Who doesn’t like a sincere compliment? “You’re a good cook,” “I like the way you decorated this room,” “Your children are well behaved,” “You are a talented musician,” or any such positive comment have always been a pleasure to hear.

                Piropos are not quite the same and never did sit well with me. One definition of the term says that it is a flattering comment or compliment. Well, yes, it could be. But in Spanish-speaking countries piropos quite often are “unsolicited flirtatious or sexually oriented comments made by a male to a passing female of reproductive age whom he does not know.”

                My first experience with this type of flirting was innocent enough. Upon arriving at the University of Puerto Rico at the age of eighteen to begin my studies, I didn’t know a soul.  One of my sweet female cousins had advised me that if I wanted to make new friends I should be friendly to everyone. So during one of my first ventures out of the boarding house with one of my roommates, I looked up, waved, and said, “Hola,” in response to a greeting that came from a guy on second story balcony. I was admonished in a hushed voice by my walking companion that I should ignore anything that a guy called out to me. I was surprised, and asked why. “Just pretend that you can’t hear him,” was all that she said. That didn’t make any sense to me.

                Over time, however, when I started hearing more elaborate piropos, I understood the advice better, but I never truly accepted it. I wrote about this in my second historical novel, Sebastián. In Chapter 10, Teresa is walking around the plaza with a couple of other young ladies, when a young man on the sidelines let out a whistle and a lazily drawled out, “Hola belleza en el traje azul.” (Hello, beauty in the blue dress.) Teresa lifted her chin and walked resolutely past the offending catcaller, but later on she expressed her frustration about it to Sebastián. “I don’t like that,” she said. “It bothers me that a man can say whatever he wants to me, and I have to pretend that I don’t hear him. He knows that I can hear him. I’m not deaf.”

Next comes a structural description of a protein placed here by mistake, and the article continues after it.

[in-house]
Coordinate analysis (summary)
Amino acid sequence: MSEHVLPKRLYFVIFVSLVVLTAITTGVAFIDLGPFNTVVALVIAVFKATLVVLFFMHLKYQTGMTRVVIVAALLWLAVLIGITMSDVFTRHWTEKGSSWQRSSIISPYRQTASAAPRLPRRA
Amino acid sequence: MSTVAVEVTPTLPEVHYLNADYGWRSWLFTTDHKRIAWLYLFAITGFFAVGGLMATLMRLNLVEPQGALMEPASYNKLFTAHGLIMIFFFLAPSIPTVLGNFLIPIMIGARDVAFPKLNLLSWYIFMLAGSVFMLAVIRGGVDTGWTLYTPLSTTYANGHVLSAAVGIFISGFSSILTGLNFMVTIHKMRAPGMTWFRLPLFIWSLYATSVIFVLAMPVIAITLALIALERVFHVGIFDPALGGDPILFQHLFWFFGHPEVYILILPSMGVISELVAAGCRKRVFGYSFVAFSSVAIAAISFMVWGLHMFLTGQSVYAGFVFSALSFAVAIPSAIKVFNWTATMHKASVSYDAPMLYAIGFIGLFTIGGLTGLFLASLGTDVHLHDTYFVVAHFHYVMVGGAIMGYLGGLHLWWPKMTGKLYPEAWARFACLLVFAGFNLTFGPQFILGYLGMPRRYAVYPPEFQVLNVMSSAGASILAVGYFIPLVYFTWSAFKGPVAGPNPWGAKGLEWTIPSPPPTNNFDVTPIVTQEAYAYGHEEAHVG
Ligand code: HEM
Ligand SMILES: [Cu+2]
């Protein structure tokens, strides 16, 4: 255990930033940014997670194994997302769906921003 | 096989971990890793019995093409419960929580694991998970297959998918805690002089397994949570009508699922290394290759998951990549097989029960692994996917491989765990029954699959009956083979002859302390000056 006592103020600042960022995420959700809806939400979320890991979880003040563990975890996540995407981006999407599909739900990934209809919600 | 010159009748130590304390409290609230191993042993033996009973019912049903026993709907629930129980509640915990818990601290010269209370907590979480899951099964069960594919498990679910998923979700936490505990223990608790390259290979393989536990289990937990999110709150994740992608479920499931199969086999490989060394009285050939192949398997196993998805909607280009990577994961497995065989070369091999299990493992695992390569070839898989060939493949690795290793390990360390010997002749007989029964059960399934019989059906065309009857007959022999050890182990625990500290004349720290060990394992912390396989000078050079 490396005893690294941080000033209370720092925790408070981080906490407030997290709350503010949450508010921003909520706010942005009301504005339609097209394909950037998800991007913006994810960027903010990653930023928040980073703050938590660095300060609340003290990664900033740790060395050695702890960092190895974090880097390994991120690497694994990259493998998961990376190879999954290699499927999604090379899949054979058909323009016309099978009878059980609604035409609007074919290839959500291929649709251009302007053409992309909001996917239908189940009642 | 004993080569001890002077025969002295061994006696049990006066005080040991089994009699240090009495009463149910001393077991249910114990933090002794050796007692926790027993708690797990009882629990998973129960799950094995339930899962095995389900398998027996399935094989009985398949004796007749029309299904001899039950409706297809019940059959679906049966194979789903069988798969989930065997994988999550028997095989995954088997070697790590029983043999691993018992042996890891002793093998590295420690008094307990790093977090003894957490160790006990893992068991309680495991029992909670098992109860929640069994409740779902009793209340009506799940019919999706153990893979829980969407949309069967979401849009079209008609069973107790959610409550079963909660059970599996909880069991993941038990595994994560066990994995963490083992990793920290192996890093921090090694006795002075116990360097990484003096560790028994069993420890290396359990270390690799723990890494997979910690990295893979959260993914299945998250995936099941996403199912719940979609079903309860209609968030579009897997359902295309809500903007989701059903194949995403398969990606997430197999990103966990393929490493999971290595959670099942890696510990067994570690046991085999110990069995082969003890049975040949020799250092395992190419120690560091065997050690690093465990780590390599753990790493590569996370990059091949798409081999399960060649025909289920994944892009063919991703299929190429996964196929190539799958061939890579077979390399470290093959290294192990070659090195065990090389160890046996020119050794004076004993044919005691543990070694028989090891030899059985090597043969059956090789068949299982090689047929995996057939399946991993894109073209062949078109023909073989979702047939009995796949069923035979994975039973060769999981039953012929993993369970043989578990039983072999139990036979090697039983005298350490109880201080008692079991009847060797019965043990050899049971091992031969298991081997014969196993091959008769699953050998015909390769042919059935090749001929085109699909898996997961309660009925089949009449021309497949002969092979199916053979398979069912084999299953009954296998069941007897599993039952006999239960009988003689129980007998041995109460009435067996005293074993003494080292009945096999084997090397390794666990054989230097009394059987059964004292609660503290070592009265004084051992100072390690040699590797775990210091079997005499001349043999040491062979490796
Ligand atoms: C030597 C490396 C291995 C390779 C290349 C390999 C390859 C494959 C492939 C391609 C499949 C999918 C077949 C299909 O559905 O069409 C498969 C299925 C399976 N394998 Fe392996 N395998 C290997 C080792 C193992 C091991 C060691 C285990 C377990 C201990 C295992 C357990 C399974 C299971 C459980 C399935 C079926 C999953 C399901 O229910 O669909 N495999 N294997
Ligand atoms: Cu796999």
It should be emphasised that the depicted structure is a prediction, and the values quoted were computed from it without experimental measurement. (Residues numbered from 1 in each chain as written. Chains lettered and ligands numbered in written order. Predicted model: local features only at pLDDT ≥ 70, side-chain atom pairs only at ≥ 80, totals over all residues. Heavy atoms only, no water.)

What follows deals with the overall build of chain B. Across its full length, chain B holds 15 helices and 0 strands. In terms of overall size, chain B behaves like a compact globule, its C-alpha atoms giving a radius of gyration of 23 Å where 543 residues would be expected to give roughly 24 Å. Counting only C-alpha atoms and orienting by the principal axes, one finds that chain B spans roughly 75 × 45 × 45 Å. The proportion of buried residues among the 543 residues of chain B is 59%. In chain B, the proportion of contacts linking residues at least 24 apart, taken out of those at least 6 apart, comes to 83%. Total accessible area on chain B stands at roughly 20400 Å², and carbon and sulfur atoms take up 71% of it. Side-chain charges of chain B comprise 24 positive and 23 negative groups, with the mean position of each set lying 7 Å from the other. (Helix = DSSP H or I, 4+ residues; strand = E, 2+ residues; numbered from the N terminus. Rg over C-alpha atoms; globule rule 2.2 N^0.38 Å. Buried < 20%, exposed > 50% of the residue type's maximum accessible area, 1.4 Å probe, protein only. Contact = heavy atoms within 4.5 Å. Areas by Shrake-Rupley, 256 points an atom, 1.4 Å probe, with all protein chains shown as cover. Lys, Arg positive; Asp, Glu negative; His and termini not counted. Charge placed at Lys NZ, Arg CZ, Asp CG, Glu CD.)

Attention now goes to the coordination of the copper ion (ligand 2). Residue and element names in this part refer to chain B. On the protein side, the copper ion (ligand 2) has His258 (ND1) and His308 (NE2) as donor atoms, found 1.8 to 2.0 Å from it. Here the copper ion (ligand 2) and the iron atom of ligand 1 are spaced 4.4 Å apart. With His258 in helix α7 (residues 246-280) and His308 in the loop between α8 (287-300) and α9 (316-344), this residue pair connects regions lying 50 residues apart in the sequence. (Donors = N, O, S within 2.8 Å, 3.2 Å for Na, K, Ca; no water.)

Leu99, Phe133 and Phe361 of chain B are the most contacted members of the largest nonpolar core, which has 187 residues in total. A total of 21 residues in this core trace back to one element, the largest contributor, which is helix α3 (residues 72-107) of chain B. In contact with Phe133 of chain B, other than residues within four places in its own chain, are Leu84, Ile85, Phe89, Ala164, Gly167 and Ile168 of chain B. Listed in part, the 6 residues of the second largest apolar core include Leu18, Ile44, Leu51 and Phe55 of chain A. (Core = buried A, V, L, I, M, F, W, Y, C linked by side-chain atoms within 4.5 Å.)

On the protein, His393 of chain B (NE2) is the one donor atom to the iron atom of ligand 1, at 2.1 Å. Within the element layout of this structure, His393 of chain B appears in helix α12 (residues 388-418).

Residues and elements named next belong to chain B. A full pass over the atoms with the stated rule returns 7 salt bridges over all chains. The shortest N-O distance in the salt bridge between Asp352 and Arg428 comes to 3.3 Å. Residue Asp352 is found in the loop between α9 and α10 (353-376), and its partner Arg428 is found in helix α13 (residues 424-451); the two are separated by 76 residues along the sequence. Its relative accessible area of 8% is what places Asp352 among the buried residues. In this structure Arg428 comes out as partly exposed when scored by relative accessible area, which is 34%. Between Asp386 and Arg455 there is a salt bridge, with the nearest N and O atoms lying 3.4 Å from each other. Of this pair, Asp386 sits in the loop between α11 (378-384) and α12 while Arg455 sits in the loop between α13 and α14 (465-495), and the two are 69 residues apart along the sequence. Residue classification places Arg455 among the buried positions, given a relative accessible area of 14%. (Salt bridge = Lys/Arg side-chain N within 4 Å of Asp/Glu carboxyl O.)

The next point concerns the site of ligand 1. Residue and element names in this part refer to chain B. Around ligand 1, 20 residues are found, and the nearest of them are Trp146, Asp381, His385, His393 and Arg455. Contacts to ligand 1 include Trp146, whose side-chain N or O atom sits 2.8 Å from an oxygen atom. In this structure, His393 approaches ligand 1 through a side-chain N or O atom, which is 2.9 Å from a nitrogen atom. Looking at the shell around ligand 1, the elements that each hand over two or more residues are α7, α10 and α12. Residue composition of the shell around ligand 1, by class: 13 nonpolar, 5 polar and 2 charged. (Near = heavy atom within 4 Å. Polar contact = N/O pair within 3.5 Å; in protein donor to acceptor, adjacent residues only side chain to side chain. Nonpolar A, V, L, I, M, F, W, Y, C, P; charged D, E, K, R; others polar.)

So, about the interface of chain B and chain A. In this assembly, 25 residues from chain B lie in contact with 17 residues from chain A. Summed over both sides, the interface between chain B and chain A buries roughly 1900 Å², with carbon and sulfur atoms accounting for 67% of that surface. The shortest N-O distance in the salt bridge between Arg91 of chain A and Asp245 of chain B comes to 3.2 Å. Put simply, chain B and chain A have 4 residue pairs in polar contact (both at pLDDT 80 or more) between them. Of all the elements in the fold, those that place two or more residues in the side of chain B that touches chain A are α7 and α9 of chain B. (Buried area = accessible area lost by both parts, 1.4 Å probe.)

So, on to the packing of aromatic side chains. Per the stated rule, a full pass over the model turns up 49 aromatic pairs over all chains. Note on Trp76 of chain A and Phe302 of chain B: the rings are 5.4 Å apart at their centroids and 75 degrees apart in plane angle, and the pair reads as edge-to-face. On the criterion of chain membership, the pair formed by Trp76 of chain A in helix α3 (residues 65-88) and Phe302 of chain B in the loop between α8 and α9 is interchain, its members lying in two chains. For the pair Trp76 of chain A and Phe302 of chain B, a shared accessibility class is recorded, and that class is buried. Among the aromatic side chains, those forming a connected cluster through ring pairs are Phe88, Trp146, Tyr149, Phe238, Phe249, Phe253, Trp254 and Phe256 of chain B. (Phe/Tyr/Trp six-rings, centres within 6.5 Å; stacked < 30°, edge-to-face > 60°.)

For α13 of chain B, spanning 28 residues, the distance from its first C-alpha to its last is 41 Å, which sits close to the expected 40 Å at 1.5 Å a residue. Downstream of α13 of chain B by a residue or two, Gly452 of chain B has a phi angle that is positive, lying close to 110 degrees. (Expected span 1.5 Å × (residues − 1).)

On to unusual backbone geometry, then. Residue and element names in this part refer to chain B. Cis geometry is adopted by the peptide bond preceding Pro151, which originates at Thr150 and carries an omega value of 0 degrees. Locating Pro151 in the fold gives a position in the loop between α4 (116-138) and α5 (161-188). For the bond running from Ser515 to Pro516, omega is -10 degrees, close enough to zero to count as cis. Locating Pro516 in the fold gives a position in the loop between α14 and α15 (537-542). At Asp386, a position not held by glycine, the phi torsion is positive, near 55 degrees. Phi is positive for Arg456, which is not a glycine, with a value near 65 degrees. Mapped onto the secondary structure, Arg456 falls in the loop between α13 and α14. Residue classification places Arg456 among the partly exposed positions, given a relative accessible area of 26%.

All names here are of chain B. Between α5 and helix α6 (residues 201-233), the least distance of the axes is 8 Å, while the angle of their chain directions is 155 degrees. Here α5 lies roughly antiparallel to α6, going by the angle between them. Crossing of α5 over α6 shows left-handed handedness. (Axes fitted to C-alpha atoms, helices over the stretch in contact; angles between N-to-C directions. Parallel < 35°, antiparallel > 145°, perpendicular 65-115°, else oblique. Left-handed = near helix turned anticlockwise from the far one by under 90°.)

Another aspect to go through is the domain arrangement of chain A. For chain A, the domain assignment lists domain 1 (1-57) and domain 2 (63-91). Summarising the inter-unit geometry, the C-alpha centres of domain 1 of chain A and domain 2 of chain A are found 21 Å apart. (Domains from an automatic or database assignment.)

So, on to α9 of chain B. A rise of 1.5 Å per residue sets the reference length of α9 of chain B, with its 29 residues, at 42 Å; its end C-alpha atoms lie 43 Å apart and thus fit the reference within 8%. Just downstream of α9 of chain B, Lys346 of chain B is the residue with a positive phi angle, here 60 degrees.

Not all piropos are that nice, either. While some gals might not mind them, as a young woman I would have found the following comments unacceptable:

  • ¡Si ser sexy fuese un delito, te pasarías la vida en la carcel! (If being sexy was a crime, you would spend your life in jail!)
  • Si besarse es contagiar gérmenes, ¿qué te parece si empezamos la epidemia? (If kissing serves to spread germs, how would you like it if we start an epidemic?

                Some piropos could get downright raunchy and offensive. I remember when as a third year university student I had to walk to the Río Piedras campus from my apartment in the adjacent town of Hato Rey. The shortest route took me through a side street that had very little foot traffic. There was a young man who was running a cabinetry-making business out of his garage. With the garage door always open every time I passed, I was subjected to his daily comments that progressed from innocent to more daring to inappropriate. My blood would boil as I played hard of hearing time after time.

                Finally, one day, I had had it!

                I made a ninety-degree turn and marched right into his garage. He was so shocked that he nearly dropped the tool that he had in his hand.

                “Do you have a sister?” I demanded.

                “Ye-e-s,” was his stammered reply.

                “Do you have a mother?” I then asked.

                “Yes,” he said.

                “Would you like it if someone made such inappropriate comments to your sister?”


                “How about to your mother?”

                He blanched. “No, I wouldn’t.”

                “Well, I am someone’s sister, and someday I will be someone’s mother, and someday you may have a daughter, and you have to learn to respect other women in the same way that you would like the women in your family to be respected!”

                He apologized and I stormed off. That was the end of the catcalling from this particular young man, although one time some months later he started to say something when I was walking past, and had to bite his tongue halfway through the first word when he realized it was me. Ha ha ha!